Facebook’s Billion-Dollar SF Office-Owner Sells In 49% Deal, Depriving City Of $16 Million Tax
A pending deal to sell 49% of one of San Francisco’s tallest office buildings for $539 million will deprive the city of a 3% transfer tax, or more than $16 million, since the deal is for less than half of the value of the property, according to the San Francisco Chronicle.
Upon completion of the deal, the Park Tower building owned by MetLife, John Buck Co. and Golub will be valued at at $1.1 billion, or $1,445 per square foot, according to Boston Properties CEO Owen Thomas.
While Boston Properties isn’t involved in the deal, it is the city’s largest office owner – recently having acquired development firm Hines’s 5% ownership stake in Salesforce Tower for $187 million.
The likely buyers for the Park Tower stake are Hong Kong Monetary Authority, which manages Hong Kong’s sovereign wealth fund, and Hines, according to three people with knowledge of the impending deal who weren’t authorized to speak publicly.
Property data firm Real Capital Analytics also lists the authority and Hines as the pending buyers in its database. –San Francisco Chronicle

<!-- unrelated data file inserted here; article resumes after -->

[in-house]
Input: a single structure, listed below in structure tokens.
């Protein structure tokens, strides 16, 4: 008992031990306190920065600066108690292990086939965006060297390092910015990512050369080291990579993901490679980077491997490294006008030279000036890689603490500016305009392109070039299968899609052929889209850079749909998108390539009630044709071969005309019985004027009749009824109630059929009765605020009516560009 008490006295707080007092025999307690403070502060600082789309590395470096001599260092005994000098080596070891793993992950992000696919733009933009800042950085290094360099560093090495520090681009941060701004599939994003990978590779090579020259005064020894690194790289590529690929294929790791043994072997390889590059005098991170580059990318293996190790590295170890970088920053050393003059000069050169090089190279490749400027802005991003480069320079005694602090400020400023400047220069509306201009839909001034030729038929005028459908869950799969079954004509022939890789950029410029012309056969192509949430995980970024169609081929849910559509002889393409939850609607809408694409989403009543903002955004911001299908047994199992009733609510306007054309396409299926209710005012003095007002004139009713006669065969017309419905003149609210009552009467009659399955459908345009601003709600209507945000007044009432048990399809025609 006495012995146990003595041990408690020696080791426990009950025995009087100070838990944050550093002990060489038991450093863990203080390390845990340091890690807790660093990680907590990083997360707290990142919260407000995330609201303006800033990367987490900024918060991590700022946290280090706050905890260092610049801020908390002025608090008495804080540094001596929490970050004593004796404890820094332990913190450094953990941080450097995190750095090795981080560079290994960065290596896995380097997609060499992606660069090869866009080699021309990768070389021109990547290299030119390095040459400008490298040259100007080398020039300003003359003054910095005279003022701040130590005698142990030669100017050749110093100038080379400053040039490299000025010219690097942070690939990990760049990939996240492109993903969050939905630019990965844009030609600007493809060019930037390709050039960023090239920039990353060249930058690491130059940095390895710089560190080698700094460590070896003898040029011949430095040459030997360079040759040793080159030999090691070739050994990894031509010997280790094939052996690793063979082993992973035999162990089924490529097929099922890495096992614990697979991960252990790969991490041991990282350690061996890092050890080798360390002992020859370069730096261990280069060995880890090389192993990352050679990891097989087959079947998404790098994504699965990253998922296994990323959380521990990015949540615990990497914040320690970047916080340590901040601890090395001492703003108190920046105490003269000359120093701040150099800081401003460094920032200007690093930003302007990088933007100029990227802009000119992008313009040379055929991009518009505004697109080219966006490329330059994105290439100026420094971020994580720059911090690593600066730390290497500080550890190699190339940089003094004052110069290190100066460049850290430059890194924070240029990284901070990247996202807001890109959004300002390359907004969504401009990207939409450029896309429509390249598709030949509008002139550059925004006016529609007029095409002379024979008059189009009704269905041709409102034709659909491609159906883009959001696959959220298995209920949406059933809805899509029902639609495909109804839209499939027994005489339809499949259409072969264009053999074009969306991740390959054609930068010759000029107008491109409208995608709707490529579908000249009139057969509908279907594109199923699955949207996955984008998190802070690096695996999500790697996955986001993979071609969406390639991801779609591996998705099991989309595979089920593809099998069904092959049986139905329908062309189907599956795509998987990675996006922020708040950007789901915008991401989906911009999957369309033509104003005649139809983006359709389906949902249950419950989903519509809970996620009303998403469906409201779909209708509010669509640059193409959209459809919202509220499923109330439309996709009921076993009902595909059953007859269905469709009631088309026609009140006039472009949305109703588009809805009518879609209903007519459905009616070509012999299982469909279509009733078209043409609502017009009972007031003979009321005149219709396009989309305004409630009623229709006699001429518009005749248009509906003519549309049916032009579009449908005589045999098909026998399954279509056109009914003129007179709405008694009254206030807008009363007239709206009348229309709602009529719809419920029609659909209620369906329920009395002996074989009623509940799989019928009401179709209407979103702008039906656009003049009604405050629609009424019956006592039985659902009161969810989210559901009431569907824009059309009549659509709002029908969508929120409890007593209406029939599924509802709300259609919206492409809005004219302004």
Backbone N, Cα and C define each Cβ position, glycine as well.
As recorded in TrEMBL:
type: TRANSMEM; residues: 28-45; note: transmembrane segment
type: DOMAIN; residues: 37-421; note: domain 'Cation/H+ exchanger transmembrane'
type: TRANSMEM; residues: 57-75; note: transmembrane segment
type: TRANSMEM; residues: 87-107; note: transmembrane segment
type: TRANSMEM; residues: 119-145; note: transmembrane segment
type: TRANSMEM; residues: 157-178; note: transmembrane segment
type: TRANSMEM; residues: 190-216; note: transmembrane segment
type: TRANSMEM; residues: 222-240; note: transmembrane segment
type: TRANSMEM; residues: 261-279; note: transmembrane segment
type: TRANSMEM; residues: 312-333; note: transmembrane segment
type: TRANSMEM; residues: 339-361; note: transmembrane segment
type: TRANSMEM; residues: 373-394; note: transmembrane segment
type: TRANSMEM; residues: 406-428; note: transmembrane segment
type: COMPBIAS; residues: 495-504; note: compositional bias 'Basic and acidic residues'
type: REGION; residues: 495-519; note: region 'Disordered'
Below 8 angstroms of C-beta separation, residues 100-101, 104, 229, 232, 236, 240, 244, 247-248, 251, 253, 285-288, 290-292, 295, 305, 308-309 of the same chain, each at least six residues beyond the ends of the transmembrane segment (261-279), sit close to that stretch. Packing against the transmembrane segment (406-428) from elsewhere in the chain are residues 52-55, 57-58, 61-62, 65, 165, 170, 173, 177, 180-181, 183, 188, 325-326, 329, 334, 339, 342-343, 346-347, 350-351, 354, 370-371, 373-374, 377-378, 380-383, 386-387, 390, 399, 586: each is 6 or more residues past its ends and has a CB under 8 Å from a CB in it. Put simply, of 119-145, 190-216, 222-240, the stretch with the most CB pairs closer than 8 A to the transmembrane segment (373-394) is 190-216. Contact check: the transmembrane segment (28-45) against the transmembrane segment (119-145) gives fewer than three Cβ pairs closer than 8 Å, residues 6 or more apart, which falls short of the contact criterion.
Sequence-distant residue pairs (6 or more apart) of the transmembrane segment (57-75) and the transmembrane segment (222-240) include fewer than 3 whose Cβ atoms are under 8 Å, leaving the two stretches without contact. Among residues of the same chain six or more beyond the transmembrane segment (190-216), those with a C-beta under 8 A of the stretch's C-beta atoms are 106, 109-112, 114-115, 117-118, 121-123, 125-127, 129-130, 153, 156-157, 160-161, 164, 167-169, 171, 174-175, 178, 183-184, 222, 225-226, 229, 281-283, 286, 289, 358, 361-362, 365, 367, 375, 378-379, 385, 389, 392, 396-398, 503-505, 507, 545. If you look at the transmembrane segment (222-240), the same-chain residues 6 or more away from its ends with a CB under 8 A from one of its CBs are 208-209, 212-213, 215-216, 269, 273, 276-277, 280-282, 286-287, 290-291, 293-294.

While the Hong Kong Monetary Authority declined to comment on the deal, Thomas said during this week’s earnings call “it’s fully leased and is being sold to a developer fund manager backed by a sovereign wealth fund.”
San Francisco office space has become some of the most expensive in the nation, making the prospect of cashing out by selling minority ownership stakes an attractive prospect for owners.
Investors have purchased minority ownership stakes in some the city’s most valuable offices buildings, occupied by tech companies such as Google, Slack, Twitter and Uber.
Last year Facebook leased the entire 755,900 square-foot Park Tower in the largest single lease in San Francisco history, which makes it an attractive investment for institutional investors, according to tax attorney Jeffry Bernstein. It is unknown whether Facebook actually occupies the rental yet, as the building was completed last year.
While the city of San Francisco will miss out on their $16 million, the deal may be subject to federal and state capital gains taxes, according to Bernstein, while the owners will pay property tax. That said, the 49% stake will not trigger a reassessment of the property.
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